The Most Beautiful Object in South Africa (MBOISA) is a yearly competition and exhibition presented at the Design Indaba Expo. A panel of experts from SA’s different creative fields are asked to nominate what they deem to be the most beautiful object in the country. The twelve MBOISA nominees are exhibited at the Design Indaba Expo, which takes place from 27 February to 1 March at the Cape Town International Convention Centre.
The past nominated objects and creative fields from which they came have varied greatly, with this year being no exception. Architectural design, school bags and even a TV decoder make it onto 2015’s list – once again emphasising MBOISA’s main objective: to highlight the subjectivity and endless definitions of beauty.
Here are 2015’s beautiful nominations, who chose them, and some of the reasoning behind the panel’s interesting choices. Have a look and vote for your favourite MBOISA nomination here.
Who: Masego “Maps” Maponyane, TV presenter, actor, creative consultant and entrepreneur
What: Haywire Chandelier By David Krynauw
Why: To Masego, this multi-functional light becomes a metaphor for the chaos and order of life in the city. He says, “When the lights are lined up, they form a uniform straight line; however, the excitement comes in when the lights are haphazardly arranged to illuminate more in the space – thus illustrating just how ‘haywire’ city life can get yet how effective that can be.” The “chaos” in the design is what makes it effective and thus illustrates the sometimes inexplicable order/functionality of the city. “For me the craftsmanship, ingenuity, sustainability and meaning that it holds makes this a beautiful object,” says Masego.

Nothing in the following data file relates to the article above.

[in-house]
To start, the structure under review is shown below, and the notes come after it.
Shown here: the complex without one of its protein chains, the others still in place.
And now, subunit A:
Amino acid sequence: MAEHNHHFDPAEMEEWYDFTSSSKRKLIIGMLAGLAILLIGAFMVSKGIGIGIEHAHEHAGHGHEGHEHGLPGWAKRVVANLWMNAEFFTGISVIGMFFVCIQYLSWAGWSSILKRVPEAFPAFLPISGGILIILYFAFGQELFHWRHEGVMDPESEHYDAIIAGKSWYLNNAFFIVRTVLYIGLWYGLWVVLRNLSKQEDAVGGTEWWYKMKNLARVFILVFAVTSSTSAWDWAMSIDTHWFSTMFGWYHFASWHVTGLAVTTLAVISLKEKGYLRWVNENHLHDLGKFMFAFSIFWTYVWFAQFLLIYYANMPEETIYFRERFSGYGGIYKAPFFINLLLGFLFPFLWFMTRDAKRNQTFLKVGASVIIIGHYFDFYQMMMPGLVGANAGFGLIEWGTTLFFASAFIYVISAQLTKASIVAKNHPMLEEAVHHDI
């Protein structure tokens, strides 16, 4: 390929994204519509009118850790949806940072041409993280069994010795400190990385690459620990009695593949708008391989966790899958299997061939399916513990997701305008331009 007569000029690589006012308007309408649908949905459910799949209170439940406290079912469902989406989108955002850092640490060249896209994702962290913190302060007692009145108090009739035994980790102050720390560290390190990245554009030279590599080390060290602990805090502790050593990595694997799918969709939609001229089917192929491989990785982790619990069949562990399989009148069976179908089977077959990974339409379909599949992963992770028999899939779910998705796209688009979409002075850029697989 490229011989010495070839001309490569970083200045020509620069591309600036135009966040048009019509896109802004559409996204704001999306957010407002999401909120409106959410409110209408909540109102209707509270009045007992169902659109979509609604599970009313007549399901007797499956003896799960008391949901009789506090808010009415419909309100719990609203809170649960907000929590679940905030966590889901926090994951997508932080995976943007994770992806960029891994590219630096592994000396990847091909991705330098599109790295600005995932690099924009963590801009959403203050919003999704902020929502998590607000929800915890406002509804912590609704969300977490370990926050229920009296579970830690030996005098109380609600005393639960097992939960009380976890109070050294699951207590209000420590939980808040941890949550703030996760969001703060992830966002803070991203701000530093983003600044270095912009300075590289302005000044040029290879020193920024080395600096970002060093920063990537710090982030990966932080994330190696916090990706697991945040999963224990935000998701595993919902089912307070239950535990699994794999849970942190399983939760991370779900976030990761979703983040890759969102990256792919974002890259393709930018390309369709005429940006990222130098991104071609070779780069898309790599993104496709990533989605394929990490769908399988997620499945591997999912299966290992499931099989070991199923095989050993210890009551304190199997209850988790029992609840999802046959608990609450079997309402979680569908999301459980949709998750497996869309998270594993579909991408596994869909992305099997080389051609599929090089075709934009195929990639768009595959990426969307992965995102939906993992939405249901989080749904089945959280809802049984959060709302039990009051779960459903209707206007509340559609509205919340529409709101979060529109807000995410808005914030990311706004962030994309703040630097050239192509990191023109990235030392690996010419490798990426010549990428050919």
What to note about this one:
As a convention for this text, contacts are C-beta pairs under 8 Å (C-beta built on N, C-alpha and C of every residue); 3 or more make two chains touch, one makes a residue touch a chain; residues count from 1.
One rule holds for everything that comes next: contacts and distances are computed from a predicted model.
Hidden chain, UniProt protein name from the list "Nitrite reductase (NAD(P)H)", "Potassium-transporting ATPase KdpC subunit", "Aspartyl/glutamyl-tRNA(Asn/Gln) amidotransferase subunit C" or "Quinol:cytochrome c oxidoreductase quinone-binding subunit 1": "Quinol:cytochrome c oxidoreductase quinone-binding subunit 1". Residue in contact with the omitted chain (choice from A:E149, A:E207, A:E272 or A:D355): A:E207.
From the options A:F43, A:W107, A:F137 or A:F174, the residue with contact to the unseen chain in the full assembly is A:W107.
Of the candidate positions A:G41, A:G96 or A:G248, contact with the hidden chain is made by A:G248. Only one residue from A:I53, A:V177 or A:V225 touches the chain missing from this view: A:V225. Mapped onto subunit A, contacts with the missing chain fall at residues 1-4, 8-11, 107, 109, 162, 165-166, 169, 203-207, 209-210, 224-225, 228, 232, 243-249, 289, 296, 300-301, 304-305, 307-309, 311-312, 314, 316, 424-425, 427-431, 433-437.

Who: Annemarie Meintjes, deputy editor of VISI magazine
What: 2DO Stackable Storage Tower By De Steyl + Renée Rossouw Studio
Why: “An uncomplicated, practical and fun design,” is how Annemarie describes the 2DO.
Who: Lucilla Booyzen, director of South African Fashion Week
What: Silk Organza and Leather Floral Dress by ERRE
Why: About the ERRE design, Lucilla says, “Created using a unique combination of modern technology with traditional craftsmanship, it is a fresh approach to a chic new princess dress that can be worn anytime to anywhere. You can wear it with jeans, elegant pants, with a swimsuit underneath or with high heels as a ball gown.” She also admires the workmanship of the dress.
Who: Design Indaba Expo Team
What: Repurpose Schoolbag by Rethaka (Pty) Ltd
Why: Repurpose Schoolbags are made from recycled shopping bags and are thus eco-friendly and durable (and of course adorable). According to the DI Team, this product, “shines a light on the need to enable the next generation of innovators, designers and thinkers to make the most of their education but also educates the young users to be resource-savvy, environmentally responsible citizens.” According to them, the product also illustrates the power of design to enable positive change.
Who: Chester Missing, South Africa’s top puppet political analyst:
What: Political Berets by the EFF, ANC and DA